As the election season heats up, candidates begin looking toward the general election. More specifically, they must decide how they want to finance it. As Jeff Zeleny and Michael Luo reported in today’s New York Times, both Barrack Obama and John McCain have flirted with the idea of using public financing to pay for their campaigns but aren’t head over heels in love with the idea.
While McCain has indicated he will agree to receive public funding, which would limit his spending to $84.1 million in the general election, he is currently advising his donors to channel their cash into a special fund that is not affected by the public financing restrictions. But what is the benefit of using public financing if he is going to keep an alternate account, anyways?
Though Obama stated last year that he would accept public financing if the Republican nominee did, he is backing away from that claim now because a number of his online donors are contributing in small amounts. He claims that his smaller donors have just as much access and influence as the big spenders, yet he is still shying away from public financing.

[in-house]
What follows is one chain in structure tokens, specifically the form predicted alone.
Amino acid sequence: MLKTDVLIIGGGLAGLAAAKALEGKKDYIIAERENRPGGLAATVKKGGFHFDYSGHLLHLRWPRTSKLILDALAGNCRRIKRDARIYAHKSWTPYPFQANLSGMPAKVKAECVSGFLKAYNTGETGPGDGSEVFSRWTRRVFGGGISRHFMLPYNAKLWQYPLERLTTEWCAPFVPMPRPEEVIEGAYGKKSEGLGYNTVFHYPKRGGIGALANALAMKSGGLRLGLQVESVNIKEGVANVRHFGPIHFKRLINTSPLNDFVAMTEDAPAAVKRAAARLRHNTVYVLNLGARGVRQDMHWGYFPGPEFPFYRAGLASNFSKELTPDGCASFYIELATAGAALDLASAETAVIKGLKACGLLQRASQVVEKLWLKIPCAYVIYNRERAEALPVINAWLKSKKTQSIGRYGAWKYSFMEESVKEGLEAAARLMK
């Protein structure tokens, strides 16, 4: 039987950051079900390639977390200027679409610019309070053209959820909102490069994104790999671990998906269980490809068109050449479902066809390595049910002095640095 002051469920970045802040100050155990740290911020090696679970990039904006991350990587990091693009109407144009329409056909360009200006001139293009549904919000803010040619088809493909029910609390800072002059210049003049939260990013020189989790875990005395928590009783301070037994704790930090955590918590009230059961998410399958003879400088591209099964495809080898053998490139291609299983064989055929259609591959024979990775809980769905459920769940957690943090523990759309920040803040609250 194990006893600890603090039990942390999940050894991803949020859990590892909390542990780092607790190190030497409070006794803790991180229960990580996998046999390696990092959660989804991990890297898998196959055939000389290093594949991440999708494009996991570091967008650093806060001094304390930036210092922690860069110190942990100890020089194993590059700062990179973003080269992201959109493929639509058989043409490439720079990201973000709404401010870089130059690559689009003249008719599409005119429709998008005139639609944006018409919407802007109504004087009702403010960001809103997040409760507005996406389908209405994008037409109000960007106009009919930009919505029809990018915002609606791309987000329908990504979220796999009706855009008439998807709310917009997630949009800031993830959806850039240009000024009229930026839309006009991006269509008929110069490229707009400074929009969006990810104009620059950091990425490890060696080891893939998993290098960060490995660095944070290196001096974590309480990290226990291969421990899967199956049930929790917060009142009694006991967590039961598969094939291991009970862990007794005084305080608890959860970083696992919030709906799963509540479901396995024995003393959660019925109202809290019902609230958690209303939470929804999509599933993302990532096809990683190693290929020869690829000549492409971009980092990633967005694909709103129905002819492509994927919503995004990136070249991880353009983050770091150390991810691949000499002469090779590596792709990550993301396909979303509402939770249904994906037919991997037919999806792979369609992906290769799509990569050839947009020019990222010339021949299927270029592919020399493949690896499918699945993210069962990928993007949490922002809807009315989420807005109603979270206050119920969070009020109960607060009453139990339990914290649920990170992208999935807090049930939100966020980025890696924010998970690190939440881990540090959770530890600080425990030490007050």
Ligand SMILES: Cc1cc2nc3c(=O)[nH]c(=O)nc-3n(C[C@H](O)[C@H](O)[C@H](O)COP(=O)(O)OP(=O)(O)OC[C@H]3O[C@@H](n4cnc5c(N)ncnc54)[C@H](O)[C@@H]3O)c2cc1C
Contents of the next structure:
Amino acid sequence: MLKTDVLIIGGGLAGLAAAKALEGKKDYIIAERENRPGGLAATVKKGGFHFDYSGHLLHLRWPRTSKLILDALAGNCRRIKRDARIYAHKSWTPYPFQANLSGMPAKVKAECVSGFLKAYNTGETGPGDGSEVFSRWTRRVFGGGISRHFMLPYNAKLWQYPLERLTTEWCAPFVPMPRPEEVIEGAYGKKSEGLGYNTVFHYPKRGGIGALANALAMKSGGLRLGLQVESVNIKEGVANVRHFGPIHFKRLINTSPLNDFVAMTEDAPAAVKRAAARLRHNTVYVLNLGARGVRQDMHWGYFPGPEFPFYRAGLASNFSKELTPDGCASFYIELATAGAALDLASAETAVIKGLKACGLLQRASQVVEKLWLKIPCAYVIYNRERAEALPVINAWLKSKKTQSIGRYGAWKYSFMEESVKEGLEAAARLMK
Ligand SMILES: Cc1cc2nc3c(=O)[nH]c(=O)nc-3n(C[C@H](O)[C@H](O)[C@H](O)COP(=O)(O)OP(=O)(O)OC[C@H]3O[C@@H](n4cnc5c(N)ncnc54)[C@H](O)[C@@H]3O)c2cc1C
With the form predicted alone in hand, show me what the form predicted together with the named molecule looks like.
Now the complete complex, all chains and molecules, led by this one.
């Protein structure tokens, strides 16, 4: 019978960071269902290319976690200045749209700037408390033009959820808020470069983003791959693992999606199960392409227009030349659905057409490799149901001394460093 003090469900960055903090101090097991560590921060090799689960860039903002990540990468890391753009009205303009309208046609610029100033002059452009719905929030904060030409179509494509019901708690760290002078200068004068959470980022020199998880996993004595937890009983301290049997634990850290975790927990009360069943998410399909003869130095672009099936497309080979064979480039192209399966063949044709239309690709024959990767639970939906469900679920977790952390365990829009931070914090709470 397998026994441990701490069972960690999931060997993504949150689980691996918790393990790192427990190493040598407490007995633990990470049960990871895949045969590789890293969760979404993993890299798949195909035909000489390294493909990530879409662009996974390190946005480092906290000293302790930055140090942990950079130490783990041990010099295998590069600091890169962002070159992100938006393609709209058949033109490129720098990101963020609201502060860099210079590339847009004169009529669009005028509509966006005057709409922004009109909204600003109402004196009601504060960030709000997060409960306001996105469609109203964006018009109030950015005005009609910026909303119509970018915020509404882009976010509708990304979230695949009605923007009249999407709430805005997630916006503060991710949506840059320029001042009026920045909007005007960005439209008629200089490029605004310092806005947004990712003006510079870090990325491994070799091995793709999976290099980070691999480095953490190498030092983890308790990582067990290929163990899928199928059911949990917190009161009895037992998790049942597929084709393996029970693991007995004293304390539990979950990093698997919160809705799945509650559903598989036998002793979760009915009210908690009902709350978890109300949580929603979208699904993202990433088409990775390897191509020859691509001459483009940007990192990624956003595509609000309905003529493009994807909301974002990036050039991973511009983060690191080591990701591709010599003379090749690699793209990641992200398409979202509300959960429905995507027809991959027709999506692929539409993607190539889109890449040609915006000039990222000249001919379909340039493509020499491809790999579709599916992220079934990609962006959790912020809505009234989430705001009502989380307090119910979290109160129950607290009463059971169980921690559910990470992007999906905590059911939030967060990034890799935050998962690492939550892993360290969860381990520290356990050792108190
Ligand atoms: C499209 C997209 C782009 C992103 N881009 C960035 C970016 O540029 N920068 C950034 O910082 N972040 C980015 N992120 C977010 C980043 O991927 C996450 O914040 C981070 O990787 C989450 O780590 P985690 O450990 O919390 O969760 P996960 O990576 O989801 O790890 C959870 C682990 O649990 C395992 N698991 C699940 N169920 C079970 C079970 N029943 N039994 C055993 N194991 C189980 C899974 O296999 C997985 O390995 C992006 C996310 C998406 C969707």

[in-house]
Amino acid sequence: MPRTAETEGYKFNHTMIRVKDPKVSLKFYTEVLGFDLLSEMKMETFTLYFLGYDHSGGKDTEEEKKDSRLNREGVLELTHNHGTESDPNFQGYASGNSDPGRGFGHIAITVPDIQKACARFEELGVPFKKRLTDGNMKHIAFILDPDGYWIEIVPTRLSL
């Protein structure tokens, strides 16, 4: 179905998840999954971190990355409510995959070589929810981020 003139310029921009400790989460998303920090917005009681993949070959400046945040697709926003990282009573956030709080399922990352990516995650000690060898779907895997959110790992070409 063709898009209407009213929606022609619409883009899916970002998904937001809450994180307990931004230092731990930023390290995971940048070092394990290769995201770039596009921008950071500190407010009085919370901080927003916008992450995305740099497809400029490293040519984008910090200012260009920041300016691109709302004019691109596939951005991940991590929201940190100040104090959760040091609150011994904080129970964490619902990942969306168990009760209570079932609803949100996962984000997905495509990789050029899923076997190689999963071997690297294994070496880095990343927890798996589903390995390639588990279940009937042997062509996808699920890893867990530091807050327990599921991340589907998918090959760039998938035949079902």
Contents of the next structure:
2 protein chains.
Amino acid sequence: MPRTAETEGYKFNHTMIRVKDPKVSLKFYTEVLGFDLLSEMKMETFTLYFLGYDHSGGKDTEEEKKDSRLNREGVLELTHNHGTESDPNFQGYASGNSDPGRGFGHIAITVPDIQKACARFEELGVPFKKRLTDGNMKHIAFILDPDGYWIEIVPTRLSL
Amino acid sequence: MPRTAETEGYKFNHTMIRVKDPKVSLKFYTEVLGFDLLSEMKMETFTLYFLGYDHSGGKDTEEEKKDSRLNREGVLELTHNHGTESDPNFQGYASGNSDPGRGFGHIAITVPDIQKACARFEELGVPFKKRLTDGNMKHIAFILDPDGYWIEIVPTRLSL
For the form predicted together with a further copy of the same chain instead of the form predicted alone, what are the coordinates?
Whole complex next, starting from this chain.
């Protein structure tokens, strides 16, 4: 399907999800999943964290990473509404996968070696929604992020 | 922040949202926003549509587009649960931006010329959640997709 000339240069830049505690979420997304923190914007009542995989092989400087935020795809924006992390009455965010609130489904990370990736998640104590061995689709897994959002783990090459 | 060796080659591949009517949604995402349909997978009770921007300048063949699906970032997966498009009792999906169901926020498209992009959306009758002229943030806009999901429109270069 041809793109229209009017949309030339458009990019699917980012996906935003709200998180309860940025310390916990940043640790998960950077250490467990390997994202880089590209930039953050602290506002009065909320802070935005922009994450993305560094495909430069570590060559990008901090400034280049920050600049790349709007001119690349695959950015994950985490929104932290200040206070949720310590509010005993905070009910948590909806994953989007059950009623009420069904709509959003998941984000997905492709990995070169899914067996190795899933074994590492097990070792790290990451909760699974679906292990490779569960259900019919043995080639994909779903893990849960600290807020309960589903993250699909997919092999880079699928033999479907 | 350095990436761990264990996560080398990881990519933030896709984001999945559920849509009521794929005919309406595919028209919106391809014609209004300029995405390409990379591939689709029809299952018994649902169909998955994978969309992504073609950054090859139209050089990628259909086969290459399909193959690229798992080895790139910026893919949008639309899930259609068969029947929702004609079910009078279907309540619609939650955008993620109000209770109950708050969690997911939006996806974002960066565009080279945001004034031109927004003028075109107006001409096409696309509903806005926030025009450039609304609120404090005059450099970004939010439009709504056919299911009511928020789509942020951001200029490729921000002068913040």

Trey Ellis from The Huffington Post suggests that Obama limit all of his donors to a max of $100 to be able to justify his alternative to the public financing system.
Candidates should accept the public funds and concentrate more on the issues than on fundraising, especially since each has made statements about the benefit of a publicly financed election. Public financing would allow the candidates to spend time campaigning, rather than trying to continuously raise money. It also evens the playing field of influence because donors are held to the same small restrictions.
Track Public Citizen’s coverage of financing this election at White House For Sale.